100 years ago

When the saloon license application of Thomas C. Burke came before Judge John E. Foster yesterday, Aaron E. Johnston represented a number of property owners in Freehold. He explained to the court while the remonstrance had been signed in the churches only, the signers had been businessmen and property holders of the town. Judge Foster assured the lawyer that because the remonstrance was signed in church would make no difference in his decision. If the signers were citizens of Freehold, they were entitled to and would receive due consideration. Assis-tant County Prosecutor A.J.C Stokes, representing Mr. Burke, presented a petition in favor of the license being granted. He explained to the court that while a number of businessmen had signed the remonstrance, there were but a few who owned the properties they operated while his petition bore the signatures of many times the number of citizens who had signed the remonstrance and there were many more large property owners on the petition than on the remonstrance. Judge Foster said there was one phase of the whole matter that had been deferred from time to time in order to give Mr. Burke an opportunity to get possession of the first floor of the building in which he had been located in the basement. The matter was finally held over for next week.

Charles E. Close, the Democratic candidate for County Sheriff, had another good inning Tuesday when he made a net gain of 23 votes over his Republican opponent and present occupant of the Sheriff’s Office, C. Asa Francis, in the shrievalty contest. The disputed ballots from five districts were acted upon by Judge Hendrickson. Mr. Close made gains ranging from two to 10 votes in four of these districts, and broke even in the fifth. The strongest hopes of electing Charles E. Close to the Office of Sheriff by unseating C. Asa Francis is based upon a certain class of ballots which have been reserved in a class by themselves for Justice Hendrickson to rule upon at a later date. The ballots in question have slight ink marks on the top of the tickets. Counsel for Mr. Francis contend that the marks were made by a space from the blue slips of paper which separate the passage of tickets when they are sent out from the County Clerk’s Office.

75 years ago

The new state hospital at Hillsdale last Saturday opened its doors to the first group of patients when 15 of them were brought from Greystone Park, Morris County. Fifteen more will be brought here tomorrow and slowly the new institution will be fitted with inmates from hospitals in Trenton, Union County and from Monmouth County. Accommodations are now ready for 500 patients in five buildings now available and when work is completed on buildings now under construction and several still to be erected, 2,000 inmates will be provided for. A small staff has been assembled under the direction of Dr. J. Berkeley Gordon, formerly medical director of the State Home for Boys in Jamesburg, and eventually the institution will have a staff of 10 doctors and a corps of female nurses, as well as a training school for nurses. Dr. Gordon is now assisted by Dr. Annette MacIntire, who conducts out-patient clinics for preventive mental work throughout the state, and Robert Stone, Lehigh University psychologist. Two male nurses and six attendants are also employed at present. “When this is completed, it will be the show institution of the state,” Dr. Gordon declared. “Here at Hillsdale you will find nothing that is typical of the average idea of a hospital for the insane. There are no gray walls, no padded cells — everything is quiet and homelike here, with the most modern of conveniences.”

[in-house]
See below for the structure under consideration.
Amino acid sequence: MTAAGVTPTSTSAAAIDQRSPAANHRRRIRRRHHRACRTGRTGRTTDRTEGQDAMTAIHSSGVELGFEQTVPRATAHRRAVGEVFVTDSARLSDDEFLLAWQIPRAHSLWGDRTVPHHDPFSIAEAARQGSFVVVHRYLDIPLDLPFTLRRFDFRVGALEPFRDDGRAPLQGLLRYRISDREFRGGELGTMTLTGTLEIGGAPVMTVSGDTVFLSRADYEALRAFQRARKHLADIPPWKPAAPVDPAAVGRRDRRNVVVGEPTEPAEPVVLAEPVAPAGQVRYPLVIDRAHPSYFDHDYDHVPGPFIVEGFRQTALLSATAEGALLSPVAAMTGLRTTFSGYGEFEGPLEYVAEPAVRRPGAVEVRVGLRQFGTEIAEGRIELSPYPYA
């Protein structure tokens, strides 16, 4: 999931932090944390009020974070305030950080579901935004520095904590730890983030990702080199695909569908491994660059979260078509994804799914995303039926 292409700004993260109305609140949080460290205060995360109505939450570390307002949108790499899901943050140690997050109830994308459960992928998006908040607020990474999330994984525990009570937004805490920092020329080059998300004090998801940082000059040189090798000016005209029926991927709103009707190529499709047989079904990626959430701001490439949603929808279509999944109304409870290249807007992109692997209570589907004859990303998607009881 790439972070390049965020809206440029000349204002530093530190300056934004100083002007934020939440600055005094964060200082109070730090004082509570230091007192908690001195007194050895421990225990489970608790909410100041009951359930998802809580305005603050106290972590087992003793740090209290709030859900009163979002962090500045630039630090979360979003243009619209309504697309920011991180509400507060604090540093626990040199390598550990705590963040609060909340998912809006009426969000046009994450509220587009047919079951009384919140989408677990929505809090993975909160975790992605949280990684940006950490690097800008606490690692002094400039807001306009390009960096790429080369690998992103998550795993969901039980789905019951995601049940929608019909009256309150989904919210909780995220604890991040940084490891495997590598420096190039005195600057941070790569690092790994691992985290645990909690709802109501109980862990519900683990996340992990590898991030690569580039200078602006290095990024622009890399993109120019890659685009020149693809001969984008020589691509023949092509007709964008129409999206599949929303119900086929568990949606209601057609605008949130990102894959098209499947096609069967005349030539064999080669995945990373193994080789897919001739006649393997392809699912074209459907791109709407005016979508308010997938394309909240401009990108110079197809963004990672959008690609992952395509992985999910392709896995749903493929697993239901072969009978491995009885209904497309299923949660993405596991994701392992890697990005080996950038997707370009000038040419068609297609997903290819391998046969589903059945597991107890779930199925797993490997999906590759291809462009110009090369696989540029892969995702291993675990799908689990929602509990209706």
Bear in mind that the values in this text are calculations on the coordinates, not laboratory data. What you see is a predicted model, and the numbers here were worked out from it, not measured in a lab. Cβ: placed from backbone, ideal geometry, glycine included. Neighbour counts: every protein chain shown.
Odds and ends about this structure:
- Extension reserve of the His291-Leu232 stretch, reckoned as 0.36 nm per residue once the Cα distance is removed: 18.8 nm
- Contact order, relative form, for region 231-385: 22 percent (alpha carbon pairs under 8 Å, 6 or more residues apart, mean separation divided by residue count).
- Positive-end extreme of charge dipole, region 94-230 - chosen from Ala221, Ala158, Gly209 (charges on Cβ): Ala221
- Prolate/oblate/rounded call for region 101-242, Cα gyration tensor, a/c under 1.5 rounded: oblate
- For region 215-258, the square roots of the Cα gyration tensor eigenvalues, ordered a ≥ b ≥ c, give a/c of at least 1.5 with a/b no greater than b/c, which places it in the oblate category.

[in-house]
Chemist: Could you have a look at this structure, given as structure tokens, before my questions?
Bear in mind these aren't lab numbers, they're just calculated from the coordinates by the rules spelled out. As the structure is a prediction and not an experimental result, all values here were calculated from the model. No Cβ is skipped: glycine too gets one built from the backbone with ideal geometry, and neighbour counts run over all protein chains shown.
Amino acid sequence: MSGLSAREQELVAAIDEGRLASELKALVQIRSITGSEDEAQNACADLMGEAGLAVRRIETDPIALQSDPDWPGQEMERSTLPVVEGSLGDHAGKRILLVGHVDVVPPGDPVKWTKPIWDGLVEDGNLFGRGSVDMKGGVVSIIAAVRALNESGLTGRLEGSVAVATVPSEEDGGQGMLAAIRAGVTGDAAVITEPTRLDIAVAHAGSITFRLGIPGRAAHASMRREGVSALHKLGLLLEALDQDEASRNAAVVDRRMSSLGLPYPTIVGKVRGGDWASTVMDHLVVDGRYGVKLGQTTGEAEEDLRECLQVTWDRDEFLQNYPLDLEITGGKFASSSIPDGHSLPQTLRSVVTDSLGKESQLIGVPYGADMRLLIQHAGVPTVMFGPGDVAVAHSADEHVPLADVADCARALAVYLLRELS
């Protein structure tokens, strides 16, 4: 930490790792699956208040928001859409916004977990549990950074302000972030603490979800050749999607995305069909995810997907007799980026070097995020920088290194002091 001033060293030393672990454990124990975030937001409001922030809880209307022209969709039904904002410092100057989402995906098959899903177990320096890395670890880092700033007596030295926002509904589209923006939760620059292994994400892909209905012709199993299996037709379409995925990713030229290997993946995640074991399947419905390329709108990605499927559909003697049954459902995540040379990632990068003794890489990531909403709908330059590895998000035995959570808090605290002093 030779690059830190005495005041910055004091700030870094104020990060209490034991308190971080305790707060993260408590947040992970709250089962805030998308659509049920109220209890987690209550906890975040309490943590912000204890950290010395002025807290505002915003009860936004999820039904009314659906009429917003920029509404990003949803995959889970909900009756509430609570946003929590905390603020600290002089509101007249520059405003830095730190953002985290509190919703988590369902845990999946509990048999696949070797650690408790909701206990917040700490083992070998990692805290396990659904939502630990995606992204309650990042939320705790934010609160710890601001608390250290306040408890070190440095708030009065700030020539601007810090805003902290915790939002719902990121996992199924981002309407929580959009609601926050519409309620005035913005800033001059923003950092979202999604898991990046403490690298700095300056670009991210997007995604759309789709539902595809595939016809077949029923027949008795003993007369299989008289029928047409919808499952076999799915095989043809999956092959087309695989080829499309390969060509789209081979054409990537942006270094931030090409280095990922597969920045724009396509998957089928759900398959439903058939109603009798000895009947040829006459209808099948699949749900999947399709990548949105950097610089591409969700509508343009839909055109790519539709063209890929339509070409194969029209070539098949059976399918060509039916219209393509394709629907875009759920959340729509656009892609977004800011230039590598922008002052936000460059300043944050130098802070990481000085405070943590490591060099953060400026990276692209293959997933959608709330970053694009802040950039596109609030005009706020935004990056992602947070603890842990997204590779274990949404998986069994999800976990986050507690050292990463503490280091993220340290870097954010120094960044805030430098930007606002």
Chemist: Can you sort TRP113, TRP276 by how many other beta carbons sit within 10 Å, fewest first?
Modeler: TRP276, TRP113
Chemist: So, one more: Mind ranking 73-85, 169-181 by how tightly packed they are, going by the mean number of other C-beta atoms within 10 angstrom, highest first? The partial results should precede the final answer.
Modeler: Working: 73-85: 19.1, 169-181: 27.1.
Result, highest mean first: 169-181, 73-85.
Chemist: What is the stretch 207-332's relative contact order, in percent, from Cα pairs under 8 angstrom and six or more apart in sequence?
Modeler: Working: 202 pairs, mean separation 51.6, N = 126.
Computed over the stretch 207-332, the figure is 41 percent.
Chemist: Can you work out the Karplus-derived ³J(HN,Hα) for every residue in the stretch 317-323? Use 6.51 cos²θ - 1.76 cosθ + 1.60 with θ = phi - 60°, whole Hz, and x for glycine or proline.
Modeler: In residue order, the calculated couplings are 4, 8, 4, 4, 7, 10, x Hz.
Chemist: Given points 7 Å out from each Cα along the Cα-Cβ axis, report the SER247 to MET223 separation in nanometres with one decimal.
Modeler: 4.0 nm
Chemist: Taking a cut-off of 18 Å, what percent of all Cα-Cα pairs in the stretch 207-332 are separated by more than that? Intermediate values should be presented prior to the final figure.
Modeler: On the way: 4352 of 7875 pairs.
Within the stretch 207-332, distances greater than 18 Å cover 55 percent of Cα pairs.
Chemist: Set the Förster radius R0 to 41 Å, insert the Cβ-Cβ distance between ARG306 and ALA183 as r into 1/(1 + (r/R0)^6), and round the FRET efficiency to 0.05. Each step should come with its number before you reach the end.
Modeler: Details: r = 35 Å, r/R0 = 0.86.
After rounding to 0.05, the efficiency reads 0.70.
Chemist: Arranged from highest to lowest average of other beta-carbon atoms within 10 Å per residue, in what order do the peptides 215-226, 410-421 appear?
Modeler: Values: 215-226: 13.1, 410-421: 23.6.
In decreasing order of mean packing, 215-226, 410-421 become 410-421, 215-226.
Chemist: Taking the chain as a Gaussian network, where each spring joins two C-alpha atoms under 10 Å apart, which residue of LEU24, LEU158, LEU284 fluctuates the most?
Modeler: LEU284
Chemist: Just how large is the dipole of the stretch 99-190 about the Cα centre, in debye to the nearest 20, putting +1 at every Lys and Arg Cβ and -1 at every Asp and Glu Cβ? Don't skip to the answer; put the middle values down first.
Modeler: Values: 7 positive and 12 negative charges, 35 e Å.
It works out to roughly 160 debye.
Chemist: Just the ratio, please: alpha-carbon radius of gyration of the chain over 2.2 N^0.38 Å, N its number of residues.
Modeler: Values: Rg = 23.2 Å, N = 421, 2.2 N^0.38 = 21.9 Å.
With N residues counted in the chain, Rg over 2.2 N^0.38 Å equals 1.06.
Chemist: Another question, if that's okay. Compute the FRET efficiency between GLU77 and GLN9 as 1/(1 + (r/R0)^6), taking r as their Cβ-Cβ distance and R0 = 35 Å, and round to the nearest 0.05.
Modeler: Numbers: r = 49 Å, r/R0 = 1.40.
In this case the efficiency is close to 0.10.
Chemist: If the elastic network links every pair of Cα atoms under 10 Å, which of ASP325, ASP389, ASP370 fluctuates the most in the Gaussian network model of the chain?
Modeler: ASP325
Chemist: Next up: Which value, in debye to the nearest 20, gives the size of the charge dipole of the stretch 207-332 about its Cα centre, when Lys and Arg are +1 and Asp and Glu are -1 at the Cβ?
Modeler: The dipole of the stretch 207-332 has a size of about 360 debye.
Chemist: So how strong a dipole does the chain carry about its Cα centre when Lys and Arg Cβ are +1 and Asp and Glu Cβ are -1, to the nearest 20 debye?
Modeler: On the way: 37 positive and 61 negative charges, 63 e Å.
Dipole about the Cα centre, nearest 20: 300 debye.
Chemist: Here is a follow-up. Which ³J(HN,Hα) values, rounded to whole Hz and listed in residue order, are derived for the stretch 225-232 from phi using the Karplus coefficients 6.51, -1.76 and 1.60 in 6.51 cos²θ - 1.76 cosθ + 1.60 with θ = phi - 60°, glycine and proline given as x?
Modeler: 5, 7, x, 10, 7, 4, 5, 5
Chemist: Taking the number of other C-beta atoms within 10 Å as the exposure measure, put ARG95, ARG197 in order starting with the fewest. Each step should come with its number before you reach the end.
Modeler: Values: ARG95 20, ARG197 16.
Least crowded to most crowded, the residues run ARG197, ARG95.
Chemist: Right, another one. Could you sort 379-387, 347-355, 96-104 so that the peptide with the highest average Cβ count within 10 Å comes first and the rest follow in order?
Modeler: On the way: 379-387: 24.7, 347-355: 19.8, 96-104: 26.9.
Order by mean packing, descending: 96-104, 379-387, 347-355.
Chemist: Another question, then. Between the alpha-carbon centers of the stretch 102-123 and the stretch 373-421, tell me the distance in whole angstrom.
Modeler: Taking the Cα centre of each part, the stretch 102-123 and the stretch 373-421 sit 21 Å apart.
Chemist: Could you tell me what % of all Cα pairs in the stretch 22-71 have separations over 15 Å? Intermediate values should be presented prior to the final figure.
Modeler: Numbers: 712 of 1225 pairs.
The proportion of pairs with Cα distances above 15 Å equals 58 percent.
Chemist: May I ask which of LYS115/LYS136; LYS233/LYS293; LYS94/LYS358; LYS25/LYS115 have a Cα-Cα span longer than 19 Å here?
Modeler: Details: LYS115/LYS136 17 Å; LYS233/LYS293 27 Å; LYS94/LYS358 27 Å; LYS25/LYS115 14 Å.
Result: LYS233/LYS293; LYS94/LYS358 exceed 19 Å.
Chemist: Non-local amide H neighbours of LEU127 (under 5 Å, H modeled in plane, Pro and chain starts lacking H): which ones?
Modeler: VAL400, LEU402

Albert L. Ivins, lone Democratic member of the Monmouth County Tax Board, should be reappointed. Mr. Ivins has been a member since 1914, when he was appointed to fill the unexpired term of Judge R.V. Lawrence. From the standpoint of experience, ability and honesty, Mr. Ivins has earned another term, if he desires it, which we understand to be the fact. For the past several years the tax board has not had an easy time of it, being ground continuously between the State Tax Board and the local partisan politicians, not to mention considerable individual pressure. In 1925 the state ordered a general increase in county ratables which the county board had to furnish. This arbitrary ad-vance was resented very generally in the county and was described as most unfair …

50 years ago

Route 33 was one of 23 priority highways slated for restoration through the State Highway Department’s 1956-57 construction program. Uncertainty in the amount of appropriations State Highway officials will (provide) make it difficult to estimate when the project will begin or to what extent. The modernization of the section of the highway which runs from Neptune to Hightstown to a finished road will probably be started at the Shore end, one highway official said. But when and where and how much is still unknown.

25 years ago

The Farmingdale Board of Educa-tion is reluctantly going ahead with the original plans for an addition to the Farmingdale Elementary School, as ordered by the Commissioner of the Department of Education — despite the board’s claim of a lack of funds. Board President Glenn Curlis has not ex-plained how the addition would be built without additional funds. The addition was approved by the voters in an October 1979 referendum. Construction was supposed to begin in the fall of 1980, but had been delayed, forcing the school to go on split session. Soon after the $798,000 referendum was passed, the board members revised the original plans when the architects suggested that the new plan would make better use of the building, according to Curlis.

— Compiled by Dick Metzgar